Sunday, March 15, 2009


NST, March 16 2009

Unity, Culture, Arts and Heritage Minister Datuk Seri Mohd Shafie Apdal is the second person from Sabah to make a bid for one of the three vice-presidents’ posts in Umno. He tells how he wants to rejuvenate the party and why Umno is not doing as badly as everyone says it is.

Q: How would you strengthen the party if you are elected as vice-president?

A: I look at the challenges to Umno and the Barisan Nasional. We have to rejuvenate the party so that it can be a platform not just for the Malay community and Islam but also a platform to engage the young generation who will determine the outcome of the next general election.

Umno must be accepted not just by Malays in Umno but by Malays outside Umno and also by the Chinese, Indians, non-members and the public as a whole.

I am confident after serving in the supreme council for several terms and after being in the government for more than 20 years I can help Umno achieve these goals.

Q: You've asked the delegates to consider you because you represent Sabah Umno and feel that that region of the party needs a voice.

A: I am contesting not to represent Sabah. I have sat on the supreme council for five terms and though my voice is coloured by the Sabah perspective, I am not running to become vice-president for Sabah Umno. If I win, I am going to be a vice-president of Umno Malaysia.

There are grievances from Sabah especially about development and infrastructure needs that were voiced in Parliament. But at the policy-making stage such as the Umno management committee where the vice-presidents sit, there is space to bring in the Sabah perspective.

Q: You along with the top three aspirants for the vice-president's posts all seem to be from the same generation. Do you feel that a generational shift is coming to Umno?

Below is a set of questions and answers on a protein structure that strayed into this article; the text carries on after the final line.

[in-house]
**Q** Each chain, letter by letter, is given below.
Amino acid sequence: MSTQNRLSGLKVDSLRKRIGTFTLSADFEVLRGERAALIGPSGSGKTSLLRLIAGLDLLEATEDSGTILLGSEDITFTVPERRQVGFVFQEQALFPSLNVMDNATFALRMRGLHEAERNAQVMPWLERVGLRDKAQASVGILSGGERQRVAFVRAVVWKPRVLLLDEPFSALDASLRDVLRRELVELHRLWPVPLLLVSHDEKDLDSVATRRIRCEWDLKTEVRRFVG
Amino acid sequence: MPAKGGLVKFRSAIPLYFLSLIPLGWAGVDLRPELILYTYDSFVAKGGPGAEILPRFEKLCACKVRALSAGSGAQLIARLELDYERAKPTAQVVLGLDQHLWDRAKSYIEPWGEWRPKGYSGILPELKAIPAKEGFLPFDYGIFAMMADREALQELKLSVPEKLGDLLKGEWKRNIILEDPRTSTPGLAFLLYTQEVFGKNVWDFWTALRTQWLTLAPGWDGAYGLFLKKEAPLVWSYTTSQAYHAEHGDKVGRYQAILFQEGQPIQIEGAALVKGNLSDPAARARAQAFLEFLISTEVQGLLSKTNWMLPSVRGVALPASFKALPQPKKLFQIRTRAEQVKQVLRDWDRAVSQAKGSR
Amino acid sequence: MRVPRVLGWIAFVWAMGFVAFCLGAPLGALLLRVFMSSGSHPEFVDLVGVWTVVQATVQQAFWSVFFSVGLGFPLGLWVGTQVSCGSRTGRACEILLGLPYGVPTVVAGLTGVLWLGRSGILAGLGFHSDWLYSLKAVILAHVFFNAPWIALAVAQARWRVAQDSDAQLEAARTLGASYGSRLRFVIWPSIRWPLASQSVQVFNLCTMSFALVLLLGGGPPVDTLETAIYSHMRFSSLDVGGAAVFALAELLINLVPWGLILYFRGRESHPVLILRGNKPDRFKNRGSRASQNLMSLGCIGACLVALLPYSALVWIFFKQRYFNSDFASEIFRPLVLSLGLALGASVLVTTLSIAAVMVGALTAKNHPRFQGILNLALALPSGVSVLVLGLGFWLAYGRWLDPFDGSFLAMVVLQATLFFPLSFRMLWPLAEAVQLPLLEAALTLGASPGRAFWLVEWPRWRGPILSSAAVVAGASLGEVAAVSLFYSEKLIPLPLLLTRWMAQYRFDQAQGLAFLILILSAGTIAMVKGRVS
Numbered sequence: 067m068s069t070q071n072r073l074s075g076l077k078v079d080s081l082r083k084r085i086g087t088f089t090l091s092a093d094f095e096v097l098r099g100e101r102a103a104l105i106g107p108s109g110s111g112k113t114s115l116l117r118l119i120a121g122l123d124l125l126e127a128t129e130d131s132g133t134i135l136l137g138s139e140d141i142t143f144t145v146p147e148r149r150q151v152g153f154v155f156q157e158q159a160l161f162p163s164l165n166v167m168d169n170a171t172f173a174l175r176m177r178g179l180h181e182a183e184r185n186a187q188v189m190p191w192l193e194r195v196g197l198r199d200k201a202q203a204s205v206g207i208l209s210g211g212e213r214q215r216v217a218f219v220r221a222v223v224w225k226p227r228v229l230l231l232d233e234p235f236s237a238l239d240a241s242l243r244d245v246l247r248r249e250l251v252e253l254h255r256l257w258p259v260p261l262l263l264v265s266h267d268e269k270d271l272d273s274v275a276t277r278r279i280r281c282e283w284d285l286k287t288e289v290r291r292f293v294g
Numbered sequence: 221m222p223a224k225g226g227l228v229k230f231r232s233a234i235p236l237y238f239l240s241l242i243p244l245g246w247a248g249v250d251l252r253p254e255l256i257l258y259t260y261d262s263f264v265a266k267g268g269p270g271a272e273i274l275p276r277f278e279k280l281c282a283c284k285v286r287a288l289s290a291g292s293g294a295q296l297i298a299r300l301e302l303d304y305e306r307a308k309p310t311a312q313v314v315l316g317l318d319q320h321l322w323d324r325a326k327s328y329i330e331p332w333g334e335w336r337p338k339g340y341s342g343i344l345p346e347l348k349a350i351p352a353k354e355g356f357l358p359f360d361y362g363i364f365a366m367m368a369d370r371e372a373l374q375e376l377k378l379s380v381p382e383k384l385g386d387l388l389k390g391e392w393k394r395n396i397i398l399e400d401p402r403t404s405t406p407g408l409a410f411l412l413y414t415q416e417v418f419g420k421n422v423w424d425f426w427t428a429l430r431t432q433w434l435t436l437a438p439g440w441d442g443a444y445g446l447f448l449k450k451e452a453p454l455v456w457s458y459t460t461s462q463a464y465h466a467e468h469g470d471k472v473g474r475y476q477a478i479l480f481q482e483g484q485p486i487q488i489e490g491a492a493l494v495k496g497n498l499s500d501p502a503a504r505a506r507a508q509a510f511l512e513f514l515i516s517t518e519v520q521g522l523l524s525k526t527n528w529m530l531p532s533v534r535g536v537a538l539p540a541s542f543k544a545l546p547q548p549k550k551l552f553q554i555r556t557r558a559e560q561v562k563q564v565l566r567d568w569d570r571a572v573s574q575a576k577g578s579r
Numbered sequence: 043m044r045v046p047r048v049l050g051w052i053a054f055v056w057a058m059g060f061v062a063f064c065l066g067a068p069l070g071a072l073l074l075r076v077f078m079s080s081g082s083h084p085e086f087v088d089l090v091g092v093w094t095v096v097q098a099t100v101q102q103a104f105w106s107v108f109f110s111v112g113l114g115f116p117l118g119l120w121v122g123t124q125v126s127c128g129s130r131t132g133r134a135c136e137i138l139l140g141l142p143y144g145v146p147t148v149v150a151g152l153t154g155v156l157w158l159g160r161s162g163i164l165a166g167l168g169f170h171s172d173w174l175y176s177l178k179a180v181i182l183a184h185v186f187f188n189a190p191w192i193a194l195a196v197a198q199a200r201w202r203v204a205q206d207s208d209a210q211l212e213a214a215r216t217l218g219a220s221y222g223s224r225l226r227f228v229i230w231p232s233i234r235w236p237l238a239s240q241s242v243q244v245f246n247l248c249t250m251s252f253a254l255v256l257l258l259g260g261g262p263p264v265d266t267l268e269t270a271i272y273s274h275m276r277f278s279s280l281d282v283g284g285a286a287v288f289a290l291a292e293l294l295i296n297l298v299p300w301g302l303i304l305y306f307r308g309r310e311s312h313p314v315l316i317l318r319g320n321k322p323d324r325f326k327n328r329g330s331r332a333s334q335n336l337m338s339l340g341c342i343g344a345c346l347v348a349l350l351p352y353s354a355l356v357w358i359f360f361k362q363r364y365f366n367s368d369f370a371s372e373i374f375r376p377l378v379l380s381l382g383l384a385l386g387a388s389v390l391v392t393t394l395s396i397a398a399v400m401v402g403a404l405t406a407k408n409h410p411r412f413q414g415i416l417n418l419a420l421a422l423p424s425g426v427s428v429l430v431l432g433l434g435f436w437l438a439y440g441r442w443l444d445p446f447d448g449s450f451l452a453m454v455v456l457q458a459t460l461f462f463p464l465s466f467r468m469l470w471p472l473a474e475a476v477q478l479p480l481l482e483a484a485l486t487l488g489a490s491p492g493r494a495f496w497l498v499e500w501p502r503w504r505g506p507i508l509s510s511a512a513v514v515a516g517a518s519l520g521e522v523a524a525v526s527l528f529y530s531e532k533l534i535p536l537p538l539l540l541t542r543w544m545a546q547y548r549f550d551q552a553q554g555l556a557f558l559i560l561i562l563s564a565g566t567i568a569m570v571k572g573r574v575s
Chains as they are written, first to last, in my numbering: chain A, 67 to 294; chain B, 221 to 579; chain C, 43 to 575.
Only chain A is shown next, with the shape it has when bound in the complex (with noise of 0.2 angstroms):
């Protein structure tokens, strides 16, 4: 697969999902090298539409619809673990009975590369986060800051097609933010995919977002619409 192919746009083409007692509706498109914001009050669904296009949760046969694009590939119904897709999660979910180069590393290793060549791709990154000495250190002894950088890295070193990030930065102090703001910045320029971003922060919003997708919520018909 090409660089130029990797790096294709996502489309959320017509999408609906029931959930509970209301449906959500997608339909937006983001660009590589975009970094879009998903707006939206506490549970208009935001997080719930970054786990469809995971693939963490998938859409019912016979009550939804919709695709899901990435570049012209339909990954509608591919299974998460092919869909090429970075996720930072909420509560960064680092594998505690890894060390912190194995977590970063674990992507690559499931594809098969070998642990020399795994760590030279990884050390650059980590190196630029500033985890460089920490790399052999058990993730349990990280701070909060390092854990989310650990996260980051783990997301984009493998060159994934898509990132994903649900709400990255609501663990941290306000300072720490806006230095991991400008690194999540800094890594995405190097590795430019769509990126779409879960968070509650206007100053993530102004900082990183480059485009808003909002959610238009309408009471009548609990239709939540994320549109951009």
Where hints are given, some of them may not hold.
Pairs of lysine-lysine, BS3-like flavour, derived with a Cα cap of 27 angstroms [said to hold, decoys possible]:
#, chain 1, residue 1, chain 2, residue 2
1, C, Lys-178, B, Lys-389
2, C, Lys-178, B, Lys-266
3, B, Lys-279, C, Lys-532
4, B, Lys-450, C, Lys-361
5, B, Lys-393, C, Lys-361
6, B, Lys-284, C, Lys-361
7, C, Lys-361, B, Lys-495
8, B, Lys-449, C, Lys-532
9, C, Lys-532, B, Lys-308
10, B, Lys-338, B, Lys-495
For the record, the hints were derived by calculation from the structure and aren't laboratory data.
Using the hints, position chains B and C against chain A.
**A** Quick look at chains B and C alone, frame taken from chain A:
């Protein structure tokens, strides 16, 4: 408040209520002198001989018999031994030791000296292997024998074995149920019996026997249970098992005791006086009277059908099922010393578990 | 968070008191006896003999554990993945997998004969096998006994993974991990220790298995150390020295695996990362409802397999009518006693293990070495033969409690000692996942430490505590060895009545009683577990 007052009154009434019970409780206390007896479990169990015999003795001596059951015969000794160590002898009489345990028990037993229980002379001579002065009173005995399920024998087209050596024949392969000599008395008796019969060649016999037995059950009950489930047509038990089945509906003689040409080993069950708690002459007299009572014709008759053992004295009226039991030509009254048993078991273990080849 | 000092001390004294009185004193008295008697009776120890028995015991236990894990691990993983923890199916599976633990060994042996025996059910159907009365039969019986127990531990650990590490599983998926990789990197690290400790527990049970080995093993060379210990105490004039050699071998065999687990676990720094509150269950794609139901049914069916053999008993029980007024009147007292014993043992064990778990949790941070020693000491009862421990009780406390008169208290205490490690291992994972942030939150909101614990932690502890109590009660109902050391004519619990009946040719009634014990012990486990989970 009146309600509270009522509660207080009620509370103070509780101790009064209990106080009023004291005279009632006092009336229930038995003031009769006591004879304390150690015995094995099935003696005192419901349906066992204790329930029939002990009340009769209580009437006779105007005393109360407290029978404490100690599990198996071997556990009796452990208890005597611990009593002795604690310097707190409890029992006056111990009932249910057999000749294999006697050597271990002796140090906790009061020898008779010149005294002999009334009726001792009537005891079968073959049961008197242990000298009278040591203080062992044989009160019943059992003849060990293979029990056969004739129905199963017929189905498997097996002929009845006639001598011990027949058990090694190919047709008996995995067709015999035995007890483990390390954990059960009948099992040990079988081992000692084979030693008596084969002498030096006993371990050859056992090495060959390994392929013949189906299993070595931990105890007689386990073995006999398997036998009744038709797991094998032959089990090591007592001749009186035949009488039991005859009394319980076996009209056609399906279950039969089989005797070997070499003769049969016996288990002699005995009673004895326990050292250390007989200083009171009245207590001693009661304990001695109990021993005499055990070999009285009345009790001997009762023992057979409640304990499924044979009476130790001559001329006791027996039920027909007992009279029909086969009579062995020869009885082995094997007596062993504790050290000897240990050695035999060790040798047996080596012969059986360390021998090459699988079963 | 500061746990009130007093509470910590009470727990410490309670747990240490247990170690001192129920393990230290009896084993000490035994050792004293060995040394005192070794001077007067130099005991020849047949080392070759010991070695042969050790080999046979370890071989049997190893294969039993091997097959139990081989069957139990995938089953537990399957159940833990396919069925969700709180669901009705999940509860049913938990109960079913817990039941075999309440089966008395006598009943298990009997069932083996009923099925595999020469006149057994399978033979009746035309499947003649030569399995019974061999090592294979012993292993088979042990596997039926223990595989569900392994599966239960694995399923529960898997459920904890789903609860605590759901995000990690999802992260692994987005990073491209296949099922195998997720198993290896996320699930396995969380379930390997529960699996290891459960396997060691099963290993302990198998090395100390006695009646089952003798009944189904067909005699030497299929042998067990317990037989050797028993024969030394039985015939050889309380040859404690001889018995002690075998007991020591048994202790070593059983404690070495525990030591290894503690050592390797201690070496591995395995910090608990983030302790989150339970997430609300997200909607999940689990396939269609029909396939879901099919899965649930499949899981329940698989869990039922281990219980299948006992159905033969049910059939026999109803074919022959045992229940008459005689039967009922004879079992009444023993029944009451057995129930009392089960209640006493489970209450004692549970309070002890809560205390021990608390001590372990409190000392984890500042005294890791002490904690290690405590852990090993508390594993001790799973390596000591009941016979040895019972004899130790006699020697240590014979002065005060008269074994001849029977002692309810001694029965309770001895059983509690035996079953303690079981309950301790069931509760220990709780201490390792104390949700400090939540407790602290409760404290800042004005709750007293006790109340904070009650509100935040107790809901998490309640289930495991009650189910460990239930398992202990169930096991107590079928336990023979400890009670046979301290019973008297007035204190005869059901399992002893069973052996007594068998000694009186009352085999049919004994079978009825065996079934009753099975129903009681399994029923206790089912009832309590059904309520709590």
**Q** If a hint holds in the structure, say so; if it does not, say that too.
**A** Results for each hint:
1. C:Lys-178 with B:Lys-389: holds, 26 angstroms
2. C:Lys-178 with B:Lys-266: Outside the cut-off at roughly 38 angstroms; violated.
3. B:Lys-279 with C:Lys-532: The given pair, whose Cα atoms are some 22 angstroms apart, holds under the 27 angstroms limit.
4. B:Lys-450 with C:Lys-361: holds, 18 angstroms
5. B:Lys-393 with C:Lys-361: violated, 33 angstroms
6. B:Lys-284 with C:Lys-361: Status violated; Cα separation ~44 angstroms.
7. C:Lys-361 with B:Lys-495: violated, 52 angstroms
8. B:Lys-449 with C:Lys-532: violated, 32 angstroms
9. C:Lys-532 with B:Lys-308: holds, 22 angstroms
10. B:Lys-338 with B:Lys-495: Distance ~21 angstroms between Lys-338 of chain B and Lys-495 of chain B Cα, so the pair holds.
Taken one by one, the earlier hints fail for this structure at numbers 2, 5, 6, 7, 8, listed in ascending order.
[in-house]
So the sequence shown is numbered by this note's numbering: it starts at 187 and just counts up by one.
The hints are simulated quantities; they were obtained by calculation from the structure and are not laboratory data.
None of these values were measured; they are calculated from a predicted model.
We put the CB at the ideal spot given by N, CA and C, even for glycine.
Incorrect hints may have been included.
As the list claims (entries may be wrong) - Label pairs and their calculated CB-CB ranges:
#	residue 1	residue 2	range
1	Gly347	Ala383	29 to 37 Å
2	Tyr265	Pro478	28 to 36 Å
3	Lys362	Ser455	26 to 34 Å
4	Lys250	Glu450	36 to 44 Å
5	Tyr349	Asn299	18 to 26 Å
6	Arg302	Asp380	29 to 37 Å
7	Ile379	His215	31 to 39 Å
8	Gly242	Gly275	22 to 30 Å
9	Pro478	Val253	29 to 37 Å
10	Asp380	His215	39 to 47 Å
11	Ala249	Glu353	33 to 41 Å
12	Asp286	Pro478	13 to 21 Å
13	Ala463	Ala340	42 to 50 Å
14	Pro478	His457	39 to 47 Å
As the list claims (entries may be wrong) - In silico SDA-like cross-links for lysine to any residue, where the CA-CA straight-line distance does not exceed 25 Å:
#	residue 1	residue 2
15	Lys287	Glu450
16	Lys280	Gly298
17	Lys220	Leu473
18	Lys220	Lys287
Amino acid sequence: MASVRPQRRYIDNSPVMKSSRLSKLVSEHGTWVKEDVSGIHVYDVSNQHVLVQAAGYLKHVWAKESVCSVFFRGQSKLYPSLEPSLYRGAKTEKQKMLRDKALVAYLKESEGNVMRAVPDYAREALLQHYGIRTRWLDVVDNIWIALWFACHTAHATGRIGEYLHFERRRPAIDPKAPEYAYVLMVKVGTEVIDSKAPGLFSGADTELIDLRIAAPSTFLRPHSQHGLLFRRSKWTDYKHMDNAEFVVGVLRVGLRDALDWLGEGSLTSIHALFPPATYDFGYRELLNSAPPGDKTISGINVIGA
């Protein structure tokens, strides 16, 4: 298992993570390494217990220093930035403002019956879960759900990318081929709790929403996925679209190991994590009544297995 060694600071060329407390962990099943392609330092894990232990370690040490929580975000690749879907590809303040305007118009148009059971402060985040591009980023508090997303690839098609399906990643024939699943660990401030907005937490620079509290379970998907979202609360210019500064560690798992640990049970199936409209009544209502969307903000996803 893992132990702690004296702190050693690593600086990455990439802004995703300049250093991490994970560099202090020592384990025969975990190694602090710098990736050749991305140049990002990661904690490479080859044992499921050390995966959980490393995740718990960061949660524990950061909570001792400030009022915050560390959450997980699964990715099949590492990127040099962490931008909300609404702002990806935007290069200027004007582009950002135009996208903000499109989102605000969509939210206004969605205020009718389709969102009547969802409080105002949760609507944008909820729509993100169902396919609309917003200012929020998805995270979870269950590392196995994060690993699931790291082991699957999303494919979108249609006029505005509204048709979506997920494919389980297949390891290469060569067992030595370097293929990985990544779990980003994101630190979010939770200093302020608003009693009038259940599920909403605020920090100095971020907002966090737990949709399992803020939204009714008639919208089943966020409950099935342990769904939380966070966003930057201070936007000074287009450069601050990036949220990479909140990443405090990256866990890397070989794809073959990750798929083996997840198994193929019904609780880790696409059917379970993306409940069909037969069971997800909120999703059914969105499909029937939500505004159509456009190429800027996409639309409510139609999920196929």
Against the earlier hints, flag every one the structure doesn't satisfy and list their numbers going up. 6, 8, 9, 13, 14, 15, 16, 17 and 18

A: The reality is there. If you look at the division leaders, in Kedah alone 60 per cent of the division chiefs are new. In Sabah, we have the youngest division chiefs. This is happening on the ground.

I do not deny that veterans have the strength to contribute. I am not suggesting a total regeneration but we should get a good combination.

Q: What kind of changes do you want to bring for Umno if you win?

A: We want a sense of belonging where the young feel that Umno's struggle is also about them. We have seen how the young rejected Umno in the 12th general election. So we have to show that Umno is also their struggle, not a struggle for the elite.

Umno is a grassroots party, that's how we managed to gain independence. We have to also make leaders accessible to the rakyat and the voters. There also needs to be a more formal structure to the organisation of the BN so that the friction that occurs between the component parties does not become a spectacle in the media.

We also need to make Umno and BN relevant to the rakyat so that it becomes an umbrella for the people to take refuge. The party also needs to strengthen its ties to Sabah and Sarawak, for example by cultivating a relationship with government officers in these states.

Q: Umno seems to be faced not only with external challenges but an internal crisis that threatens to rip it apart.

A: It is not a crisis that can weaken us but we must find ways in which we can address our shortcomings.
For instance, the Permatang Pauh by-election, going by the number of members we have, we should not have lost as we have 20,000 members but only 12,000 of them cast their votes. So what happened to the 8,000?

Q: Some say that Umno has lost its original struggle. That it is no more the party that fought for the people and brought independence.

A: Umno has not forgotten, only its members have forgotten. Maybe members now have different priorities.